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Future reconfigs at issue in end-game

Sept 06 HP roadmap It's the middle of January and the final update from Hewlett-Packard about the 3000 end-game is due. Regardless of how much help a source code license might provide, customers are going to need something more crucial to keep 3000s running in the period beyond the end of the PowerPoint chart at left. HP showed off the chart in the fall of 2006, and the vendor seems certain to cut off its 3000 operations by the end of 2010.

For many 3000 owners, HP's exit from the support legions has little impact. We estimate that a majority of the long-term users of the system are already signed on and happy with their third-party providers, many of whom have deeper knowledge of most issues than the HP support staff which is now the steward of all things 3000 at HP.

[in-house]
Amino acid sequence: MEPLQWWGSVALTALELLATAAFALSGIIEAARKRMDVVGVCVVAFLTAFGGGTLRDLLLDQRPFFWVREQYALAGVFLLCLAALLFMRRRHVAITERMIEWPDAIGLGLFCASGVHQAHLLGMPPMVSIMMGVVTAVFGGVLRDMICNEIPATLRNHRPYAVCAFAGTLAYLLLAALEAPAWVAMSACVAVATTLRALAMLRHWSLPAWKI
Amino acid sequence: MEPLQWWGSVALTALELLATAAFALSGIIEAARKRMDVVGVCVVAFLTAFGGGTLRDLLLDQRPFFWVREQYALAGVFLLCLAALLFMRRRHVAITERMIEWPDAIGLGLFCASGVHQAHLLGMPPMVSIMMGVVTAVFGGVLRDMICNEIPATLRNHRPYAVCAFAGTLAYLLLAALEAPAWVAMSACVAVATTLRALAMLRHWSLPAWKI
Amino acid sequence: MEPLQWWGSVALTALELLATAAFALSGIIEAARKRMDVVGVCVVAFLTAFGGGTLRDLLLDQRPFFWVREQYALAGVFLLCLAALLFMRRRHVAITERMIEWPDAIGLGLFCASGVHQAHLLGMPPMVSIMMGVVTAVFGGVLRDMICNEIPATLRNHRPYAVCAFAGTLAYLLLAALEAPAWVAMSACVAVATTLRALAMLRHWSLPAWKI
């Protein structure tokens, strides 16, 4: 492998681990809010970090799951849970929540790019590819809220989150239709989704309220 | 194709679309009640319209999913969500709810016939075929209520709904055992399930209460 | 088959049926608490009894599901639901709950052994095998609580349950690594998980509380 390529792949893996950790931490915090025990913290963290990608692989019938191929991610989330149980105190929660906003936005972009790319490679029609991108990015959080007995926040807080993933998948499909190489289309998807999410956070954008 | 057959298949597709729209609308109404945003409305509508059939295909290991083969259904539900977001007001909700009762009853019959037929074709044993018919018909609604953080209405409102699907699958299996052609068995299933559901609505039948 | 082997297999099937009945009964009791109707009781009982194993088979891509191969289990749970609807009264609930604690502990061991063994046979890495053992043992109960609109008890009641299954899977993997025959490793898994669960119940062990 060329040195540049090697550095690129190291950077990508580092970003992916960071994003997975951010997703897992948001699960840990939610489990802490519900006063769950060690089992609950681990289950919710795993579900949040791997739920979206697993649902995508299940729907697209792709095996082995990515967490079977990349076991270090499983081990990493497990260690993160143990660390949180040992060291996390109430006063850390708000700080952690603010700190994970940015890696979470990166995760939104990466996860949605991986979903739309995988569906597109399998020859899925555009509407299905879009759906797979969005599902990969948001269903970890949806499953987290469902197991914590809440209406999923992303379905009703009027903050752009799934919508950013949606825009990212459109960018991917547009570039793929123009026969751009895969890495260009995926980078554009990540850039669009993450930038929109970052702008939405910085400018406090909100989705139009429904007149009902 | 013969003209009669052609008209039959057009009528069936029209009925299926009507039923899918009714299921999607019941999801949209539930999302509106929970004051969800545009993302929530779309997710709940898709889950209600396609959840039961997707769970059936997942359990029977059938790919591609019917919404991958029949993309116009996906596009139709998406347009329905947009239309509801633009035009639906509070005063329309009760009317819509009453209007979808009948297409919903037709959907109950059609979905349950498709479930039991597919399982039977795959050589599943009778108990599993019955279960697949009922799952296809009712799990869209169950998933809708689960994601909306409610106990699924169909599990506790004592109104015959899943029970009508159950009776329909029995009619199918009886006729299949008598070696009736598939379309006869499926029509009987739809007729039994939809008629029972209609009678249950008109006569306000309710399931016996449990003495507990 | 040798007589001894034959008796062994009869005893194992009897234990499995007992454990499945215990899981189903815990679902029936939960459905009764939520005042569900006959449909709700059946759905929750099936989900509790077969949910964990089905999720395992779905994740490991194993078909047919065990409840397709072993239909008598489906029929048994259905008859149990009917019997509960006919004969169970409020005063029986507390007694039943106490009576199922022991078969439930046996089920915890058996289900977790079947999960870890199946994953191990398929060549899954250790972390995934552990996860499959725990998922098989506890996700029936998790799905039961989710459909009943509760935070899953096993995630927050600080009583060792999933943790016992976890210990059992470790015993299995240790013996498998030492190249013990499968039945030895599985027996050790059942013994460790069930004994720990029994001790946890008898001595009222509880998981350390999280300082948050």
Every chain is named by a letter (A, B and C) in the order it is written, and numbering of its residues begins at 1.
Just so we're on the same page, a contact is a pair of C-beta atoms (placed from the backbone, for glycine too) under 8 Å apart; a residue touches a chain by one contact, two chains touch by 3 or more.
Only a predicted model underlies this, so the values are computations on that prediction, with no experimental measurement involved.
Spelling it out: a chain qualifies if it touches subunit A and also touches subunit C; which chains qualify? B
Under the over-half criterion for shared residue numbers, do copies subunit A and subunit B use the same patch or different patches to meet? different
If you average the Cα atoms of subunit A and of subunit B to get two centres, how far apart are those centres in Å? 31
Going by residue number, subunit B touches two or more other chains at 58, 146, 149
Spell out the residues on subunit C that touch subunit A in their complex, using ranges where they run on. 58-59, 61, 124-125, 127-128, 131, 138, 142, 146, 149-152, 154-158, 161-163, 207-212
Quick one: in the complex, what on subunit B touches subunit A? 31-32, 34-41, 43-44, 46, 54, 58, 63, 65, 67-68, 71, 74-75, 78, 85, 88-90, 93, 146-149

There's one tool, however, that HP has withheld from its post 2010 release: The software to reconfigure HP 3000 CPUs and system boards. In the event of a fry-out or similar disaster, or just an upgrade, the legitimate HP software will need to be available to the customers in 2011. Not just homesteaders, either, but the migration sites still moving off the platform.

ScreenJet's Alan Yeo put it succinctly: This kind of change to HPCPUNAME and HPSUSAN numbers needs to remain on HP's price list, regardless of what the vendor wants to charge.

It's a big question for HP to address whenever it finishes off its communications with the user base. This month's message will be the last from what's left of the 3000 division/labs.

Yeo said:

The big issue isn’t the source code. It's the stable storage HPSUSAN and HPCPUNAME issue. Until I hear how HP intends to address how people can get these changed post-2010, I won’t believe they are serious about helping customers until these customers eventually migrate. I personally don’t care if it's still a service that HP provides, or if they subcontract it. I don’t even care if it costs $500, $1,000 or $2,000 — if someone is broken and they need it, “they need it,” and it’s then something that you could tell people to budget for, just in case.